We began restoration of this car in August, 2011, the car was completed at the end of August, 2103.
This rare Packard received a careful restoration with particular attention paid to retaining original finshes and processes wherever possible. The chassis was stripped, blasted with walnut shell media and coated with a heavy-duty satin black paint. The body was also blasted with walnut shell, repairs to the wood framing were made where necessary and the original wood framework was treated to preserve it's integrity. Our skilled painters did a beautiful job of the bodywork and paint using modern materials in the original colours.
The engine, transmission and differential were in good condition when the car was received. As a result, a freshening of the internal components and replacement of seals and bearings were all that was required. The engine runs so smoothly and quietly that the cooling fan and drive belts can be heard over the engine.
The interior has been reupholstered in blue Scottish leather, the seats have been re-sprung and re-stuffed. The convertible top has been recovered in black. The dash and door trims were originally woodgrained metal, a complicated paint process is used to simulate wood burl on a metal surface. When we received the car, the woodgrained surfaces had been covered with some sort of woodgrained vinyl decal. This was stripped off and the parts were sent to an artisan who was able to reproduce the correct original woodgrain using the original processes. We're very happy with the results.
This car was restored sometime earlier in it's life, perhaps 30-40 years ago judging by the paint quality and interior materials. As a result, some of the chromed items on the car had been buffed quite heavily during the last re-chrome process and had lost much of their detail. We worked closely with a professional hand engraver to reproduce the missing lettering and texture on these parts and are very pleased with the results.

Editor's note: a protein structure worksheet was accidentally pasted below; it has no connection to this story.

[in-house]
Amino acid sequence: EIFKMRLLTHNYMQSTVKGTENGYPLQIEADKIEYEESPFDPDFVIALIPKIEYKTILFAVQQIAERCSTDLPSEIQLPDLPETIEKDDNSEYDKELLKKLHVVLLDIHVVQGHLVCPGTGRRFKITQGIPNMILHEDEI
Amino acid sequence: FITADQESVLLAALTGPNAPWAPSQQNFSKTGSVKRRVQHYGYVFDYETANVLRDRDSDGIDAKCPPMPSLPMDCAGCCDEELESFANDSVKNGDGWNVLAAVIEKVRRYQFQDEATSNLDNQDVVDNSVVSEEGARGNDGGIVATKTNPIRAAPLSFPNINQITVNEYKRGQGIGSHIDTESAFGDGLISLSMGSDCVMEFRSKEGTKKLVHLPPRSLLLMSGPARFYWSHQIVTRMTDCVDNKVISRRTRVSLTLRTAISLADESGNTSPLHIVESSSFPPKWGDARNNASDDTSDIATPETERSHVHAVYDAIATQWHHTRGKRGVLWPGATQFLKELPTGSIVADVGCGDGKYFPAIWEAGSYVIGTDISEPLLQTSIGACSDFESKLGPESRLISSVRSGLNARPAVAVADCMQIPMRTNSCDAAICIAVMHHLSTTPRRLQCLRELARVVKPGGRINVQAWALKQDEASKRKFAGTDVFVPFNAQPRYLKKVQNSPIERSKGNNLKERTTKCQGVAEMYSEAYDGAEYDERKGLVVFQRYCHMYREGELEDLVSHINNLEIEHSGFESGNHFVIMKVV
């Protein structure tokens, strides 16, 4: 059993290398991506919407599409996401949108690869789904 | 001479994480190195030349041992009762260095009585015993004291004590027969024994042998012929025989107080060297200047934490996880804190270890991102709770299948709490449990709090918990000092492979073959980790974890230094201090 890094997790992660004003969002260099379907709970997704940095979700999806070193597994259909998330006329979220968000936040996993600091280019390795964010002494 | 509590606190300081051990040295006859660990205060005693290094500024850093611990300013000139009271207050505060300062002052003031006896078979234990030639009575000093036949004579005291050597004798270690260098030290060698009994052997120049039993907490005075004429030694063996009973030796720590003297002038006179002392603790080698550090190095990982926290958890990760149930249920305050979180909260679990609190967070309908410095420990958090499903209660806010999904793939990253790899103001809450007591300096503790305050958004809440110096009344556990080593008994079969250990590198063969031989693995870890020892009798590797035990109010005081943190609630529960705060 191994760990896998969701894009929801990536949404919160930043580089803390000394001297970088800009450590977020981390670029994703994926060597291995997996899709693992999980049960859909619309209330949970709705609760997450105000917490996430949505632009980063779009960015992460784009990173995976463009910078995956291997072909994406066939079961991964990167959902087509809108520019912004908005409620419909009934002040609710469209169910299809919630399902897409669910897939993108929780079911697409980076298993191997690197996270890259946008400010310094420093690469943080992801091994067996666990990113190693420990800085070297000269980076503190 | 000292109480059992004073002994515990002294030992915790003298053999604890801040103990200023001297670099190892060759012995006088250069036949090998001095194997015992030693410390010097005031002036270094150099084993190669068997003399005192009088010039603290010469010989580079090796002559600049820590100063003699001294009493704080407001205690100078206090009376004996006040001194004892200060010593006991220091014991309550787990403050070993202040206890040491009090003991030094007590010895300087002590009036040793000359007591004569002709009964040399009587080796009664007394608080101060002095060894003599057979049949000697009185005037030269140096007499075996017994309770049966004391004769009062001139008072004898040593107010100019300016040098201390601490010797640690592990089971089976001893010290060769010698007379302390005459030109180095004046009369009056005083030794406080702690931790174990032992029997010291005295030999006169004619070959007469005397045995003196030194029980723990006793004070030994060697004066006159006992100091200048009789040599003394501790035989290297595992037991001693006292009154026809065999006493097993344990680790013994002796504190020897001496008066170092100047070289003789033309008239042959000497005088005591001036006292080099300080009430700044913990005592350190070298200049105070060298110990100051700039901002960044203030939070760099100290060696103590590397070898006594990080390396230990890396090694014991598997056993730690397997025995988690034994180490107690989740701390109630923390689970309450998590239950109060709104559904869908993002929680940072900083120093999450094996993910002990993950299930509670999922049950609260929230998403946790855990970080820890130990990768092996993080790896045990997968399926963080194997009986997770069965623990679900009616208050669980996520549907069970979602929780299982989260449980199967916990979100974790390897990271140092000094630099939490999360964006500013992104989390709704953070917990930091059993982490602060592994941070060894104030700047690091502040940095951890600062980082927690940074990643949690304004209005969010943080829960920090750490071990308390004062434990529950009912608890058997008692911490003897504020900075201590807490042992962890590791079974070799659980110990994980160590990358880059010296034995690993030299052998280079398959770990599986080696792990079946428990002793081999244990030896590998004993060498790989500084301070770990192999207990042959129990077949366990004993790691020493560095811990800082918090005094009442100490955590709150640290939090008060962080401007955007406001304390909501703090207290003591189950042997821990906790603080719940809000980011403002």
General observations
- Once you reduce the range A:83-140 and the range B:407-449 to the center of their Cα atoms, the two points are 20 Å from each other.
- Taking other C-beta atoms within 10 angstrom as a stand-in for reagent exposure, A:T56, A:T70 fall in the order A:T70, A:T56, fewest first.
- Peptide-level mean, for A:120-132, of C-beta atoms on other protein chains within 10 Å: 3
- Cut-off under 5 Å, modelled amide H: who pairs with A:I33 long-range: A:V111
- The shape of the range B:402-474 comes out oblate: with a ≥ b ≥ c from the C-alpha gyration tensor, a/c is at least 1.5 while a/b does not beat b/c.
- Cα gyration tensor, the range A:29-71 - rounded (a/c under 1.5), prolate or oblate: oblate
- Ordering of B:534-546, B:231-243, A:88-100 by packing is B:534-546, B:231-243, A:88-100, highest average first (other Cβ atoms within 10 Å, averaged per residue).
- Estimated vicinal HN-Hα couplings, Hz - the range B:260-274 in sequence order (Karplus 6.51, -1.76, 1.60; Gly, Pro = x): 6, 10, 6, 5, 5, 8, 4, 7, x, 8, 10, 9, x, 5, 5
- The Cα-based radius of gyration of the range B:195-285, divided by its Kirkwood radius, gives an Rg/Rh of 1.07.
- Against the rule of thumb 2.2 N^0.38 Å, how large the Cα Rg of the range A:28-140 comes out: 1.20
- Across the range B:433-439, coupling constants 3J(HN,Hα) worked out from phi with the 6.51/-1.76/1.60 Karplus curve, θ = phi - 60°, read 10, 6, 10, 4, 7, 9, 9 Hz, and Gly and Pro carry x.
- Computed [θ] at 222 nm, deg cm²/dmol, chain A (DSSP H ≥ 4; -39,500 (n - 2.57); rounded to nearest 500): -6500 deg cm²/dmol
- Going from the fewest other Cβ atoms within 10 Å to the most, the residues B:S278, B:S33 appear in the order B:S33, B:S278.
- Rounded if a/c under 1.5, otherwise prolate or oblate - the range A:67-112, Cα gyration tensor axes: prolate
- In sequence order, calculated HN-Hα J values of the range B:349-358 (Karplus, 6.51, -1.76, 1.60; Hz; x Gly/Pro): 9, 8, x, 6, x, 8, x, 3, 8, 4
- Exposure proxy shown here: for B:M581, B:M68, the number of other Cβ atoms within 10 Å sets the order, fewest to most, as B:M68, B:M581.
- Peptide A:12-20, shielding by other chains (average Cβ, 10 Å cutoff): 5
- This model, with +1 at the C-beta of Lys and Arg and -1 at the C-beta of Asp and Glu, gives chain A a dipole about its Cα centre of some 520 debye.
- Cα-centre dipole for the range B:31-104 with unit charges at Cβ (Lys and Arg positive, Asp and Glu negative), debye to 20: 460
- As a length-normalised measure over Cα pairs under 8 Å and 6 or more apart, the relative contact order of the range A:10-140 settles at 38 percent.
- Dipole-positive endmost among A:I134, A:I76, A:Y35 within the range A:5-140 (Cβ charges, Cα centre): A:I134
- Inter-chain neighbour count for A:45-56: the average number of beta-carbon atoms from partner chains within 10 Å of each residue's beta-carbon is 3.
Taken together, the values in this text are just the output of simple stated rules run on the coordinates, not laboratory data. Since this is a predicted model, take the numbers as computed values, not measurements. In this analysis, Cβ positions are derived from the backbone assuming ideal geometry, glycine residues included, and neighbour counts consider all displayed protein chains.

During the restoration, we found a sticker affixed to the outside of the passenger's glovebox. This sticker has the date the car was tested at Packard's test track, the average speed attained and the tester's initals. The sticker was preserved and is still in it's original location. This car was originally sold by Goldner Brothers Motor Company in Germantown, Pennsylvania on June 22, 1934.
The Convertible coupe was the most sporting bodystyle offered by Packard in 1934 and remains the most popular. These cars are fitted with a comfortable rumble seat and a door on the passenger's side to store your golf bag. A golf bag door was added on both sides in the 1935 designs.
These cars give impressive performance for their era. They are fitted with a 445 cubic inch V-12 engine which makes 160hp at 3200rpm and 366lb/ft of torque at 1200rpm. Packard's figures are reported to be quite conservative with most engines testing at closer to 200hp and 400lb/ft. Packard stated the maximum speed as 103mph with a standard rear axle ratio but a "high speed" gearset was also available.
Estimates put the Convertible coupe production at fifty units with approximately seventeen surviving. We have had reports that this car is the second Coupe Roadster built.
These cars were very well built and well equipped, this model has a full complement of gauges including engine oil level and a Waltham eight-day clock. The car is also equipped with a Bijur chassis lubricator system, Bragg-Kliesrath variable boost power brakes and Delco-Lovejoy double-acting, adjustable shock absorbers. All these items are factory fitted.
This explains the price tag associated with these cars. To get the incredible performance and luxury of a Packard Coupe Roadster, you would pay around $4500.00 in 1934, depending on the options.
In contrast, a 1934 Ford roadster, well equipped was around $600.00
Like the advertising says: "Ask the man who owns one."